NEW technology is constantly being developed for introduction into clinical practice. As part of the initial approval process, a new medical device must be shown to be safe and efficacious (i.e., perform its stated purpose under ideal conditions). Further, before a new medical technology is adopted into clinical practice, its cost‐effectiveness for improving clinical care should be determined.
Among the new technologies introduced into anesthesia practice to maintain normothermia is the forced‐air warmer. It efficacy in maintaining normothermia has been well demonstrated. 
Forced‐air warming (FAW) improves outcome in several clinical scenarios, such as for patients having major bowel surgery, treatment for cardiac diseases, and total hip arthroplasty. [2–4]
However, none of these studies evaluated the cost of implementing the technology itself. When determining overall costs, the potential savings related to the new device (i.e., forced air warmers) must also be included. Cost‐finding analysis (also called observational cost studies) offers a way to identify the cost of different available diagnostic or therapeutic strategies. [5,6]
Once a cost‐finding analysis is completed, a full economic evaluation can be performed. For example, if the outcomes of two strategies are equivalent, then the cost‐finding analysis is the same as a cost‐minimization study in which the goal is to find the least expensive way to achieve the outcome. 
In attempting to assess all potential costs and savings related to FAW, we hypothesized that maintenance of normothermia with the routine use of FAW may prolong the emergence time from anesthesia as a result of decreased drug metabolism. In addition, postanesthesia care unit (PACU) discharge may be prolonged in patients at greatest risk for hypothermia to develop, such as the elderly population and those undergoing surgery associated with exposure of a large body surface area. We did a prospective cost‐finding analysis from a societal perspective that compared FAW with routine thermal care (RTC) in patients at low risk for perioperative cardiac complications who were having general anesthesia for a surgical procedure. We also tried to determine those factors, other than the use of intraoperative FAW, that predict the time in the PACU and therefore resource use.
Materials and Methods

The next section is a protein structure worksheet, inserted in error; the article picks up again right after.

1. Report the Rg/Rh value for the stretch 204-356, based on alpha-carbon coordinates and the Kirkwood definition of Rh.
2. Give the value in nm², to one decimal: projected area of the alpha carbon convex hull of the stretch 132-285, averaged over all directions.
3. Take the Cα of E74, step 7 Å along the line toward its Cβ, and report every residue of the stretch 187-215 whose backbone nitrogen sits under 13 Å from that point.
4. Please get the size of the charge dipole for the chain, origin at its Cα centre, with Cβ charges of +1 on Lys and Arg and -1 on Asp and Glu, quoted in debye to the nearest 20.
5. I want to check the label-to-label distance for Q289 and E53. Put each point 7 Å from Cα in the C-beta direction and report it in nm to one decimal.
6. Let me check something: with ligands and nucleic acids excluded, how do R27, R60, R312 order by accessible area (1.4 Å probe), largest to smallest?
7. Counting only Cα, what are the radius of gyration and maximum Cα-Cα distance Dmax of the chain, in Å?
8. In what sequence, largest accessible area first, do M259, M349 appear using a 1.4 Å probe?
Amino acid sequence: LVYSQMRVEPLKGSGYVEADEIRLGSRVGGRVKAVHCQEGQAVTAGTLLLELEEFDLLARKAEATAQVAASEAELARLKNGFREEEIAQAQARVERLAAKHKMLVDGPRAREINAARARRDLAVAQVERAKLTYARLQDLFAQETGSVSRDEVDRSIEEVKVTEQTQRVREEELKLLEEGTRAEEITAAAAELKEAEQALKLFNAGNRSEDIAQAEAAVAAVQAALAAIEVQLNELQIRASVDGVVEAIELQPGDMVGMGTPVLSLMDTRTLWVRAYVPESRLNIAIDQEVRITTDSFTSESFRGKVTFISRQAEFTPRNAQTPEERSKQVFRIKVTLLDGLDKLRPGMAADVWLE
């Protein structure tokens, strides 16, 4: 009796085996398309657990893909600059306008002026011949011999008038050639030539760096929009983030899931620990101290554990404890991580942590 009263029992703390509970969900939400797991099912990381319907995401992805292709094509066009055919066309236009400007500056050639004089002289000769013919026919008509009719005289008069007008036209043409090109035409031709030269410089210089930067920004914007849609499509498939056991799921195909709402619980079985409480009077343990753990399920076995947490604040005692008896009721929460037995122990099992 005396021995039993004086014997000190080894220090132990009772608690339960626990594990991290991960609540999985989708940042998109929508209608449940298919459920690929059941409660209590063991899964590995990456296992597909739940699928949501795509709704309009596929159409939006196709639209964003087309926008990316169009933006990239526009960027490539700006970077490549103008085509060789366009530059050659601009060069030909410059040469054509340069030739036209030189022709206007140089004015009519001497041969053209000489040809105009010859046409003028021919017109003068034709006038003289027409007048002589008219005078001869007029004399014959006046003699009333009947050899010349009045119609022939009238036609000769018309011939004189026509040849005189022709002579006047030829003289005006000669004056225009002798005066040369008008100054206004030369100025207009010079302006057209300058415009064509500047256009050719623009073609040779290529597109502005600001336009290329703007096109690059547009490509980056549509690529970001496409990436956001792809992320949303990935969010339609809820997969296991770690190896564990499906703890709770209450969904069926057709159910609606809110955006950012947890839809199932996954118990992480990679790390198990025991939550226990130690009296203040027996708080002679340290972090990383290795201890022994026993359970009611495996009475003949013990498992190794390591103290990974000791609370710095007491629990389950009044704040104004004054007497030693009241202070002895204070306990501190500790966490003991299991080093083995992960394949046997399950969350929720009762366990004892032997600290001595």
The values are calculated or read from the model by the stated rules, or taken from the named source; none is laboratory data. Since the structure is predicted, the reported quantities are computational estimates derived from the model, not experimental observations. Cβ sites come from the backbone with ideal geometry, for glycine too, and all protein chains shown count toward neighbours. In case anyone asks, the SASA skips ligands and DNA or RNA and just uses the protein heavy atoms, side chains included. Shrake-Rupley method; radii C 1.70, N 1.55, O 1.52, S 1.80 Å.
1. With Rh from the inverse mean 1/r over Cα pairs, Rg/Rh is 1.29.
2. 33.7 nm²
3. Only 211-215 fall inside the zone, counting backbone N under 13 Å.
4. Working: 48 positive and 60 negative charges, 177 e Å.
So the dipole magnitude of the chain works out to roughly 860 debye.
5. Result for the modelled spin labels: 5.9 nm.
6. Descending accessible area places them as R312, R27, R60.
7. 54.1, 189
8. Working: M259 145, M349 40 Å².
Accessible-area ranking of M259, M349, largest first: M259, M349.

With institutional review board approval and written informed patient consent, patients were enrolled who were classified as American Society of Anesthesiologists (ASA) physical status I, II, or III, who ranged in age from 18 to 85 yr, and who were scheduled for gynecologic, plastic, orthopedic, or general surgery and for postsurgical admission to one PACU location. One hundred patients were randomly assigned to one of two groups: FAW or RTC. Patients were randomized to group assignment using a random‐number generator that blocked every 10 patients. Inclusion criteria included elective surgery scheduled for at least 2 h and the use of general endotracheal anesthesia. Because the study was designed prospectively to assess economic outcomes in patients with a low probability of adverse perioperative complications, patients with coronary artery disease were excluded. Exclusion criteria also included combined general and regional anesthesia, preoperative fever (> 38 [degree sign]C oral), minor peripheral procedures, and factors that precluded the use of a lower body FAW blanket (i.e., use of leg stirrups or lower extremity surgery). Demographics were assessed including weight and ASA physical status classification.
The thermostat in the operating room was set at approximately 21 [degree sign] Celsius. Both groups received prewarmed crystalloid, passive airway humidification, and a lower extremity warming blanket (Mallinckrodt Medical, St. Louis, MO) that was completely covered by one cotton blanket and surgical drapes. Those patients randomized to receive RTC had their blankets connected to the warming unit, which was turned on but not programmed to deliver air. Those patients randomized to receive warm air (FAW) had their units turned to high temperature and high flow settings after drapes were placed. Because the warming units fit under the foot of the bed, and the forced‐air blankets were completely covered by surgical drapes, the anesthesia providers and PACU staff were blinded to the use of FAW and to body temperature data. Success of the blinding protocol regarding the use of FAW was assessed by a questionnaire given to the anesthesiologist in a subset of cases. The questionnaire asked the provider to guess which modality was being used or to say “not sure.”